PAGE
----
In the book “Don’t Make Me Think, Revisited: A Common Sense Approach to Web Usability,” Steve Krug defines guidelines for usability writing, or, as he puts it: the art of not writing for the web. He lists a few: omit needless words, happy talk must die, and instructions must die. His basic rule is: get rid of half the words on each page, then get rid of half of what’s left. There is a lot to be considered from the usability world to the world of surveys and research marketing.
The idea is not to kill half of the questions in a survey to make it good, or eliminate instructions (the happy talk really must die), but to apply this merciless analytical detachment to separate a good survey from a bad one. In the same sense that good usability is intuitive to users, to the point where they don’t have to think to browse a website, a good survey is intuitive to the goal of the research in a way that feels (but isn’t) obvious. A lot of thinking is put into carefully chosen-words and question formats to make the survey experience seamless.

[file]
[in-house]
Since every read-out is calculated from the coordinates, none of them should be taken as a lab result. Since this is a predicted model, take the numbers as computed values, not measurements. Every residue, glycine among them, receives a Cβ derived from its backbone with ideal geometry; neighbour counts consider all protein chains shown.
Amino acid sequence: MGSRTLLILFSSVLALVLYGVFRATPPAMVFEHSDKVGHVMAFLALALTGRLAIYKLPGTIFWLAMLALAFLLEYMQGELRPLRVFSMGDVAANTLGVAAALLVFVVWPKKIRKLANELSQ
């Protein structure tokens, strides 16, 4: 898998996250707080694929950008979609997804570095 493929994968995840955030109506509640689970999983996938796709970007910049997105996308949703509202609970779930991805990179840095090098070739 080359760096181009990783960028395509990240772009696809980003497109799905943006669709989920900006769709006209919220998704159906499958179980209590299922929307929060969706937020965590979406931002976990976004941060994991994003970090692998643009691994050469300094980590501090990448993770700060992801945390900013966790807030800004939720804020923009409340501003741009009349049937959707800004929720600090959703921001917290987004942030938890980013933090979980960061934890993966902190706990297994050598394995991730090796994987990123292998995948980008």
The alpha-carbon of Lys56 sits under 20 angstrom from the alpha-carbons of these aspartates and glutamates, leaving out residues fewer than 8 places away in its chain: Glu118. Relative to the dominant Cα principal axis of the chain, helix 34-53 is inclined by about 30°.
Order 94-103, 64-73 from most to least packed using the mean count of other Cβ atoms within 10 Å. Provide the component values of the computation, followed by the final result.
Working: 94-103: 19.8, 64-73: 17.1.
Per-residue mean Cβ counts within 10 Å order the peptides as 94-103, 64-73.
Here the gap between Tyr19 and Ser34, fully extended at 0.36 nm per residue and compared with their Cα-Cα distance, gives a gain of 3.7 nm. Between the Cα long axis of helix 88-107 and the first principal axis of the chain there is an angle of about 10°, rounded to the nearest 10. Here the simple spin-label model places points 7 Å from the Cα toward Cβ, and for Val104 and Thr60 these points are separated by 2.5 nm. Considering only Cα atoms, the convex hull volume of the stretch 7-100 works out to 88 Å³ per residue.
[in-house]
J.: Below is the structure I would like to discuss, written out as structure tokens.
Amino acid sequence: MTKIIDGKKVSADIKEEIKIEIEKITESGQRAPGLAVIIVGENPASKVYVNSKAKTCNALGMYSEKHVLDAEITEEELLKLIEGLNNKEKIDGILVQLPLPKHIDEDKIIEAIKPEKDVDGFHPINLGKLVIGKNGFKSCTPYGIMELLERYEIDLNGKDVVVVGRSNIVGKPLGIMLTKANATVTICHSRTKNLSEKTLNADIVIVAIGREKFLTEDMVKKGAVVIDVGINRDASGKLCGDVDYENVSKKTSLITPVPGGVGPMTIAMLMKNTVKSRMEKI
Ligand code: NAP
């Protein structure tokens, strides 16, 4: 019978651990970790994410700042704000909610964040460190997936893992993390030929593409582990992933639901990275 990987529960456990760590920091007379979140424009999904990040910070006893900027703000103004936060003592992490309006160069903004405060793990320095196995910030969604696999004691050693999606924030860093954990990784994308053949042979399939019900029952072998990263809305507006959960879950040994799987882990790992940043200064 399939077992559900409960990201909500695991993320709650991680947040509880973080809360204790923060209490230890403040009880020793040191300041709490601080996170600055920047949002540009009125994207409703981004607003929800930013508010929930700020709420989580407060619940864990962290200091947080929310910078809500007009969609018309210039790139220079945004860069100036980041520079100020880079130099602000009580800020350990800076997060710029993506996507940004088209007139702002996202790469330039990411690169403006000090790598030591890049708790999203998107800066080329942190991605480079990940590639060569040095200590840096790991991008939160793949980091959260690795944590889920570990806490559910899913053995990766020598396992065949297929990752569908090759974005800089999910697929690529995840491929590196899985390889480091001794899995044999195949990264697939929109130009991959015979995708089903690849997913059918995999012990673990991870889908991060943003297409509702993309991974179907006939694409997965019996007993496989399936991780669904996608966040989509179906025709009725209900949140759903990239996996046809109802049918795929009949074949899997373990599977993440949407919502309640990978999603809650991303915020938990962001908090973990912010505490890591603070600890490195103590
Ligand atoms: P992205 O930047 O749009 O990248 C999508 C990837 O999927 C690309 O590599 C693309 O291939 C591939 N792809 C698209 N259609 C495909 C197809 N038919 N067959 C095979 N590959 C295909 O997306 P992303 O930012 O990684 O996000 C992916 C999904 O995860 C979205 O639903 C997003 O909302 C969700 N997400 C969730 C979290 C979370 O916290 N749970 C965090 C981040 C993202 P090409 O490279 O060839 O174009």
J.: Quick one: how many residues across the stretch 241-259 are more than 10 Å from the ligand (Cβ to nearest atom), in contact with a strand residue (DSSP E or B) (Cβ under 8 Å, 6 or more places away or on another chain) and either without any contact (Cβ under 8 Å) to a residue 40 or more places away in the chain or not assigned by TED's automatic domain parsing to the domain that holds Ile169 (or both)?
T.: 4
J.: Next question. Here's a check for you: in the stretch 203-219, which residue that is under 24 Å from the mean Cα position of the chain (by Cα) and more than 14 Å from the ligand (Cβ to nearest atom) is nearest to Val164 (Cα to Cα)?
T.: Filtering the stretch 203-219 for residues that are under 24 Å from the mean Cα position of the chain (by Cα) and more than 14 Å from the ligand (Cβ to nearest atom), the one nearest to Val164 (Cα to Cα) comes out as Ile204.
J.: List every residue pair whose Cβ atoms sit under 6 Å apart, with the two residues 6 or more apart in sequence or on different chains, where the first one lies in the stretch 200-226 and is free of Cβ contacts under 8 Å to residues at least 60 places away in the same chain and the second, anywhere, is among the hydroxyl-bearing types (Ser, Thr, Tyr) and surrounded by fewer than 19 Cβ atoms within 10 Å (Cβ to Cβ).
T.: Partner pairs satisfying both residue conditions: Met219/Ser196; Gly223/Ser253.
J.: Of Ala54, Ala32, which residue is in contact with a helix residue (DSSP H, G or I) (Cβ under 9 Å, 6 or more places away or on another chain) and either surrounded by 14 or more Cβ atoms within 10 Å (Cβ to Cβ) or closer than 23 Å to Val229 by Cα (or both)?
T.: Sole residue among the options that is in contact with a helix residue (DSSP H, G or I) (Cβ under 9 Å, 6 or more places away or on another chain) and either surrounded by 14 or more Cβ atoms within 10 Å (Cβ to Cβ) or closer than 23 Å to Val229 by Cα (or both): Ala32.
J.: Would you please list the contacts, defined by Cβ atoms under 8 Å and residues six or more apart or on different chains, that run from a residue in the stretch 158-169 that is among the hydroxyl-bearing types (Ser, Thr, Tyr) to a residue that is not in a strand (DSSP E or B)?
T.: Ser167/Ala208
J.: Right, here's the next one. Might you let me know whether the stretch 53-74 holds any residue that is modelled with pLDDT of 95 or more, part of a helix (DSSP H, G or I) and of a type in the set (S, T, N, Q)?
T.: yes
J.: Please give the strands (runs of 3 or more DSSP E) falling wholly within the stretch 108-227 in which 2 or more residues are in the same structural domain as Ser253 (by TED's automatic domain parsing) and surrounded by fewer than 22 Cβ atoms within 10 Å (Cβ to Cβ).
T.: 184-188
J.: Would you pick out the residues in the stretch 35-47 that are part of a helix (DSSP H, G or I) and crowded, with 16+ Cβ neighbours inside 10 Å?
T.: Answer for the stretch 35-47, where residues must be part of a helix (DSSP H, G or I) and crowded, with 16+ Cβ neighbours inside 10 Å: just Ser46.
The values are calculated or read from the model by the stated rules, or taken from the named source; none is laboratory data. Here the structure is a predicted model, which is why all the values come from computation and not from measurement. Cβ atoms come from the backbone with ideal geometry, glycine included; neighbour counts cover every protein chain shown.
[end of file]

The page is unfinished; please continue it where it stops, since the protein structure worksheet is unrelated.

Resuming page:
Good survey matters because it will bring actionable insights from data; it will come full circle with the research goal and will answer the research question with solutions. Bad research is worse than no research: it is like using an upside-down map. You think you know where you are going and you are sure that you are following the right signs, but you just end up making bad decision after bad decision.